New Electrode Manufacturing Process Equipment
Novel High Energy Density Lithium-Ion Cell Designs via Innovative Manufacturing Process Modules for Cathode and Integrated Separator
Santa Clara, CA
07/01/2010 to 09/30/2013
Most of today's electric vehicles (EVs) are powered by lithium-ion (Li-Ion) batteries--the same kind of batteries used in cell phones and laptop computers. Currently, most Li-Ion batteries used in EVs provide a driving range limited to 100 miles on a single charge and account for more than half of the total cost of the vehicle. To compete in the market with gasoline-based vehicles, EVs must cost less and drive farther. An EV that is cost-competitive with gasoline would require a battery with twice the energy storage of today's state-of-the-art Li-Ion battery at 30% of the cost.
Project Innovation + Advantages:
Applied Materials is developing new tools for manufacturing Li-Ion batteries that could dramatically increase their performance. Traditionally, the positive and negative terminals of Li-Ion batteries are mixed with glue-like materials called binders, pressed onto electrodes, and then physically kept apart by winding a polymer mesh material between them called a separator. With the Applied Materials system, many of these manually intensive processes will be replaced by next generation coating technology to apply each component. This process will improve product reliability and performance of the cells at a fraction of the current cost. These novel manufacturing techniques will also increase the energy density of the battery and reduce the size of several of the battery's components to free up more space within the cell for storage.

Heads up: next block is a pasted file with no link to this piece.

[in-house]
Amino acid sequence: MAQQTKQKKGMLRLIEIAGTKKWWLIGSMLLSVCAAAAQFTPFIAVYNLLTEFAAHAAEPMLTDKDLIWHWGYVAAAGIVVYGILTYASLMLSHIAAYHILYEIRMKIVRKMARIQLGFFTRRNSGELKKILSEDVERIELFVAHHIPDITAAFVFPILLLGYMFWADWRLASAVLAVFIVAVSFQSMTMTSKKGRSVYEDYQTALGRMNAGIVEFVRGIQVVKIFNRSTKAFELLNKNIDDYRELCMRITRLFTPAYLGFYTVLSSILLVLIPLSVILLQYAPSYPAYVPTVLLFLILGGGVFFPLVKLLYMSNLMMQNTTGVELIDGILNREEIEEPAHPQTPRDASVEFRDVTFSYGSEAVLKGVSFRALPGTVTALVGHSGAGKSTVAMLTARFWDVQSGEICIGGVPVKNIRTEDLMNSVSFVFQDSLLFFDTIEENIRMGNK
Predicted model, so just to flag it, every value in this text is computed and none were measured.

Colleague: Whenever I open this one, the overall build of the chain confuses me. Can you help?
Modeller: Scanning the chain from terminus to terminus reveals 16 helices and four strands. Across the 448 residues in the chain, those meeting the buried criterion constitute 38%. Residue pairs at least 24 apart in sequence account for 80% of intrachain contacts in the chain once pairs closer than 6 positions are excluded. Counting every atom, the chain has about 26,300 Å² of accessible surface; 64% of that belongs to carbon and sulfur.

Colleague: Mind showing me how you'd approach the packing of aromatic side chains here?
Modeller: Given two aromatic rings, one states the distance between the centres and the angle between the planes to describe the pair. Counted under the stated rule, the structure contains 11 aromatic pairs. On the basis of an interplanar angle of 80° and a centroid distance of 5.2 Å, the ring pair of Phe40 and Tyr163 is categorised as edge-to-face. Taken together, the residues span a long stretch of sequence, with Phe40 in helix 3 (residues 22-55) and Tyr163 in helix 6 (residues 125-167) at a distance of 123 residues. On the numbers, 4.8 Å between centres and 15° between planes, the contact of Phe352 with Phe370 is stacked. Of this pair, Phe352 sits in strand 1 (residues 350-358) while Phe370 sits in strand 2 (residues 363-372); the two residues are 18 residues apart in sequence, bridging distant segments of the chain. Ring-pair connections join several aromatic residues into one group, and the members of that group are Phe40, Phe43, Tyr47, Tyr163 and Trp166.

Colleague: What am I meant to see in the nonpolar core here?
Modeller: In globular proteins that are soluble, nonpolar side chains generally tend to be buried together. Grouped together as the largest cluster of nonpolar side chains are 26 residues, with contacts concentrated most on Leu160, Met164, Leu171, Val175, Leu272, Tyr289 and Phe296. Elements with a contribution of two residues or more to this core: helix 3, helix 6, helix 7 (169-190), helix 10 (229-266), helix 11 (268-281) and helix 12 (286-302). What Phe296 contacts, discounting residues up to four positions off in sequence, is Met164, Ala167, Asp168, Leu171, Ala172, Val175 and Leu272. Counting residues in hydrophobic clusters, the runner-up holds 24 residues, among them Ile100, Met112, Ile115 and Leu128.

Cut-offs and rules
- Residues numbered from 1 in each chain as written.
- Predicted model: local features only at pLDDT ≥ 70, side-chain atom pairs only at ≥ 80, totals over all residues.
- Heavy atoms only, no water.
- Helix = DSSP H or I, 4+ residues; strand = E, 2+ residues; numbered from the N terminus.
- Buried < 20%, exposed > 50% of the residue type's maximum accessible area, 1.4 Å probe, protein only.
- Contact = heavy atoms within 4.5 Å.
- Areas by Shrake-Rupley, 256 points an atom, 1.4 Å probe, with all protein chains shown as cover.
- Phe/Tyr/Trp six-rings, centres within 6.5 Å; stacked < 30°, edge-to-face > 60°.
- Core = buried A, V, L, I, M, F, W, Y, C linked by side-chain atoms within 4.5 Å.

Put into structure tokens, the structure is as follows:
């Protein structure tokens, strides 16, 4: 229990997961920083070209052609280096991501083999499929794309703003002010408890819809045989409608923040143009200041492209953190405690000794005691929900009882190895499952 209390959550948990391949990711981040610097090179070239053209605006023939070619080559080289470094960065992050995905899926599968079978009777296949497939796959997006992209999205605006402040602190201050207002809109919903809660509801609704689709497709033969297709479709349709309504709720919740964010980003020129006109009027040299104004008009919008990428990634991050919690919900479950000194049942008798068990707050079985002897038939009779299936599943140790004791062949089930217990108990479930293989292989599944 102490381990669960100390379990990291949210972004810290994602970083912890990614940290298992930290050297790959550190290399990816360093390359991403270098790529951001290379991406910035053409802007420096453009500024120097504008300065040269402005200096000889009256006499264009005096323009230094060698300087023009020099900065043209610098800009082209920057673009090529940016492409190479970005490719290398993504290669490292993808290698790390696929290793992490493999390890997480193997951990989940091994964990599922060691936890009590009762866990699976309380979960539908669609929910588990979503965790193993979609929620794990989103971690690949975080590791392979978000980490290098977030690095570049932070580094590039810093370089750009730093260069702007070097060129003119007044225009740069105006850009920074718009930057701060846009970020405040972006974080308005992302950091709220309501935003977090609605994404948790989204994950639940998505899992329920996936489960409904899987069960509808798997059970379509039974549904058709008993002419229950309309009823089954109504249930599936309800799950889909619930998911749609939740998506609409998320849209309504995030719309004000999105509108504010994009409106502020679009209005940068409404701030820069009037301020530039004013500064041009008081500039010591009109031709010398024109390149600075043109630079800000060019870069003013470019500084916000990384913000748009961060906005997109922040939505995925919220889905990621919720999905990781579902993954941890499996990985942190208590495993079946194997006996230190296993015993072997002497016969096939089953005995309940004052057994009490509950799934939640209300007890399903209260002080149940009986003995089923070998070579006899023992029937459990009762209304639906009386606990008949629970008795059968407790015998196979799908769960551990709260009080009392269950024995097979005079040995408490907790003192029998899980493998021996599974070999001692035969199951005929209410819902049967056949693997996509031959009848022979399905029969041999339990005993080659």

If successful, Applied Materials' new manufacturing process would enable production of low cost, high energy density batteries that improve the driving range and lifespan of EVs, thus making EVs more affordable and attractive to consumers.
Increased use of EVs would decrease U.S. dependence on foreign oil--the transportation sector is the dominant source of this dependence.
Next-generation battery technology could enable EVs to travel from Chicago to St. Louis (300 miles) on a single charge, for less than $10 on average.
Greater use of EVs would reduce greenhouse gas emissions, 28% of which come from the transportation sector.